Shocase is a new social network site with some of the intentions of LinkedIn, Pinterest and Facebook, but is targeted specifically to the 100+ million marketing professionals worldwide. It acts somewhat like the old Blackbook directories, but in a friendlier, more interactive and constantly updated way.
Shocase CEO Ron Young explains, “Members can present their work, skills and experience in the best light to the audience they value most; brands can find the right marketing professionals to suit their needs in any discipline. The site is designed to help build working relationships, and ultimately help members grow their business.”
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Lufthansa Airlines came up with a fun way to get consumers to pay really close attention to their online “Passengers on Tour” promotional campaign. It turned each advertisement into a “Where’s Waldo” – like game, inviting viewers to find the Lufthansa tourist(s) in each picture for the chance to be entered into a raffle for daily and grand prizes. Lufthansa’s Munich-based online marketing agency, Plan Net, commissioned 14 illustrators from around the world to capture the attractions and excitement of 14 specific destinations that the airline serves. With so much to see and so much going on, each picture begs to be explored from edge to edge. The campaign took its inspiration from German “wimmelbilder” (hidden object) books, children’s picture books teeming with details, people, animals, and things. Each image features dozens of vignettes of everyday scenes that are connected by the shared environment. The Lufthansa ads took the meaning of hidden objects literally by inviting viewers to click on the Lufthansa tourist in the picture. Choose right and you’re in the daily raffle. The more often you play, the greater your chances in the grand raffle – incentive to keep coming back to look at all 14 ads.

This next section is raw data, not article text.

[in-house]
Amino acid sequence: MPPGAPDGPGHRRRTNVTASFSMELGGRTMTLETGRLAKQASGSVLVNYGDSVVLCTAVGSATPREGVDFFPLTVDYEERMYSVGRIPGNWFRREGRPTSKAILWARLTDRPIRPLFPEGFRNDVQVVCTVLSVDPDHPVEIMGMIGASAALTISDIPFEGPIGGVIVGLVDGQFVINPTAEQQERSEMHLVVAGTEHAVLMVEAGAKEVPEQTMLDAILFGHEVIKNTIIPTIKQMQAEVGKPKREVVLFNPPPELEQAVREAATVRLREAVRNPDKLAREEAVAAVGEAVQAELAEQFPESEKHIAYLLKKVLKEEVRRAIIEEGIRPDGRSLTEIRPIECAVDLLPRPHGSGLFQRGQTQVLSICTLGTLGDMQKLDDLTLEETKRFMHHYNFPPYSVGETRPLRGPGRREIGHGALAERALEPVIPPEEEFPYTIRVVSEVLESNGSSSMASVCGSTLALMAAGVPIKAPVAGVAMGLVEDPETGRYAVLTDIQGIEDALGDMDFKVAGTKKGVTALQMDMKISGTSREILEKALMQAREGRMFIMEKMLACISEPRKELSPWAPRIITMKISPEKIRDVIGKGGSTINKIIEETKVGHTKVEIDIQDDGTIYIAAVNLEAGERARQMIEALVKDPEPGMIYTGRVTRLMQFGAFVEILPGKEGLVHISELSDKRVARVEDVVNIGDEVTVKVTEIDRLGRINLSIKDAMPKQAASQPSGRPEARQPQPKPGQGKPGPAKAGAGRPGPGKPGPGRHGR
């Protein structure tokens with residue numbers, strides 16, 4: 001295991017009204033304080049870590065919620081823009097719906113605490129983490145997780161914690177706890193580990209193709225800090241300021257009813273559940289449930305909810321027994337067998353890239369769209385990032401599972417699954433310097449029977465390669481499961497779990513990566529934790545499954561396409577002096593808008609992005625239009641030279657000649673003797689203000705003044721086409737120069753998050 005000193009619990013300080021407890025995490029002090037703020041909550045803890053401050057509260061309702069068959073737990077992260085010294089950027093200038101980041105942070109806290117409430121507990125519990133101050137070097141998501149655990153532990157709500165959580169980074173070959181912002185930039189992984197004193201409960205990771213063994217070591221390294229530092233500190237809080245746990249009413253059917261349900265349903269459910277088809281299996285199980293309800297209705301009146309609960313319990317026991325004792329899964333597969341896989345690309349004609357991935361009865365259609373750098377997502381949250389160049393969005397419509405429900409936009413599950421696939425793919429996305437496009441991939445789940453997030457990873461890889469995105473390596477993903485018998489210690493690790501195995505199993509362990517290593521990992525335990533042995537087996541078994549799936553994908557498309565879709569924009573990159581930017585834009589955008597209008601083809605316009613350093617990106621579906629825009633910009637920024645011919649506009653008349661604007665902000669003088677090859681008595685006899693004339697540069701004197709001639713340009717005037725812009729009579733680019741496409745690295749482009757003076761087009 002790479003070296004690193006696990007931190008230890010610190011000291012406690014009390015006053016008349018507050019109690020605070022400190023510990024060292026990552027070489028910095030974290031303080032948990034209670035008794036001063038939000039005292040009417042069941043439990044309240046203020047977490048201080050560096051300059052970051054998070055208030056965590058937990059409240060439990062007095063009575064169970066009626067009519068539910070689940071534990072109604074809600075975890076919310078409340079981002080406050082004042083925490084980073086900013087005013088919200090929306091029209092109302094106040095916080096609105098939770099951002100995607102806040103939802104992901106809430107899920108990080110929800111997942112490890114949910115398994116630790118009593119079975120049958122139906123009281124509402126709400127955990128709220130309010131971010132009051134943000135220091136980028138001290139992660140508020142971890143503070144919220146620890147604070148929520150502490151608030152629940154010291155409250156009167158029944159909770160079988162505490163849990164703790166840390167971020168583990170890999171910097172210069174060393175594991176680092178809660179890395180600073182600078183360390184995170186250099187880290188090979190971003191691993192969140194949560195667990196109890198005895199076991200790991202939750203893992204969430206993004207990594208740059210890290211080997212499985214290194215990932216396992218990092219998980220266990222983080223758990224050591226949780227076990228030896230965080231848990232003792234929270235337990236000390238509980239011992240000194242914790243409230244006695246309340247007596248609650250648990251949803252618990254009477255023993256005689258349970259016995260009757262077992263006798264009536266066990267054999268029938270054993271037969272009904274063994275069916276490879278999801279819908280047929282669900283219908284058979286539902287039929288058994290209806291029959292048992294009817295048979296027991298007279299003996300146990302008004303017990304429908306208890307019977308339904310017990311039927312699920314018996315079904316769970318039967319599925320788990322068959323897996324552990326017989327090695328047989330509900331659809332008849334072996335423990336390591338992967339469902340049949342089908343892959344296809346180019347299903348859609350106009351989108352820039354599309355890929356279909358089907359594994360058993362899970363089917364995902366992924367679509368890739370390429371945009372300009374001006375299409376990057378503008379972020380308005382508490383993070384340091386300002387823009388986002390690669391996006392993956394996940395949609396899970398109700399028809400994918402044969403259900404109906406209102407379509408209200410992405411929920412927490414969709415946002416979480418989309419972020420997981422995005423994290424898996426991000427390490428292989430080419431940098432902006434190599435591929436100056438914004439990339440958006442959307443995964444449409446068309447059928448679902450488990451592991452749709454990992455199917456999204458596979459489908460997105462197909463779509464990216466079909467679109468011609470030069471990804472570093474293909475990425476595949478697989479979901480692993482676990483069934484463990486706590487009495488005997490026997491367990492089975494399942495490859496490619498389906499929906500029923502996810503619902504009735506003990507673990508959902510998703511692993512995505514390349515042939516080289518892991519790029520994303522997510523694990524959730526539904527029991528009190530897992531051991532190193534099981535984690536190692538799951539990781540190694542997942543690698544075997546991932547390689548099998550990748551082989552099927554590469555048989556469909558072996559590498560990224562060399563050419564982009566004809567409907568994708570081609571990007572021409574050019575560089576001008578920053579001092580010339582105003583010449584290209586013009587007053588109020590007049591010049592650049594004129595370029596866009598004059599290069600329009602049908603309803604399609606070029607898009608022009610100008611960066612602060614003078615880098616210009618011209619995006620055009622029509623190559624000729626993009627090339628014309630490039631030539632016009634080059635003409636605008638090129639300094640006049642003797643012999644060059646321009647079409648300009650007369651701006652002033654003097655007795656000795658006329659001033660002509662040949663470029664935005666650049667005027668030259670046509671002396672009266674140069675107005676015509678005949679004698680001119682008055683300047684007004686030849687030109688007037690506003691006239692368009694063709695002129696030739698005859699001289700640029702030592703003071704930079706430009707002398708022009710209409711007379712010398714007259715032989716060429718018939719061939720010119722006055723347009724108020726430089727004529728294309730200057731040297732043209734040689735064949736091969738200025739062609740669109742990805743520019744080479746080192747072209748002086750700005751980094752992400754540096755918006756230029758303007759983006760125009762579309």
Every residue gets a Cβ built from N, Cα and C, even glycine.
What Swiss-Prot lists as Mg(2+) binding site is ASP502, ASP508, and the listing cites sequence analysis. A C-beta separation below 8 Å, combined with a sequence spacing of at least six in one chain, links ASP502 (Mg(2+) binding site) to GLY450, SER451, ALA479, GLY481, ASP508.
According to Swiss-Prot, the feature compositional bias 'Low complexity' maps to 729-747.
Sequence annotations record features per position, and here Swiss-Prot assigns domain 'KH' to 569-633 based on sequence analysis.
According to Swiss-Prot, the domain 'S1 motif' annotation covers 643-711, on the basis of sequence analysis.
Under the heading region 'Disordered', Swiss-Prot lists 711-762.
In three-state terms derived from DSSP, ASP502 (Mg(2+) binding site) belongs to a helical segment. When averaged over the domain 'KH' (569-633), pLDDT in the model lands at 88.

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Every year the Indianapolis International Film Festival invites local designers and illustrators to create a poster for select movies, which it uses as a build-up to the festival. The posters are then exhibited at the Indy Film Festival and sold as limited edition prints. Lars Lawson served as designer and illustrator for this “Dr. Jekyll and Mr. Hyde” poster, along with contributing artist Monty Sheldon and Timber Design. Not only did Lawson capture the character’s strange split personality, he managed to draw the typography so that it reads “Dr. Jekyll” from one direction and “Mr. Hyde” when turned upside down.
Rob Forbes, founder of Design Within Reach, has founded another company – Public Bikes. To introduce consumers to his new venture, Forbes recruited 27 world-renowned designers and illustrators to create art posters around the concept of “public.” All of these posters are being gathered into a book called “Public Works,” sold as individual posters, and shown in exhibitions slated for San Francisco, Los Angeles and New York City.
Forbes, an avid biker, urban dweller and environmentalist, explains the impetus for his Public Works project was to bring greater attention to the critical issues of public space, access and livability of cities. “In recent decades, our cities have been evolving from manufacturing and industrial centers into cultural hubs,” Forbes says. “The 20th century movement that encouraged people to leave cities for the suburbs has now been reversed. For the first time in our history the majority of the world’s population lives in cities, and this trend appears irreversible….People choose cities for what they offer: connections with people, ideas, stimulation, opportunity, creativity, and diversity. Our public spaces should facilitate these connections, not stifle them.… We believe that more of our urban streets and sidewalks should be reclaimed for walking and bicycling, and that our public spaces should be developed for better human interaction and conversation.”
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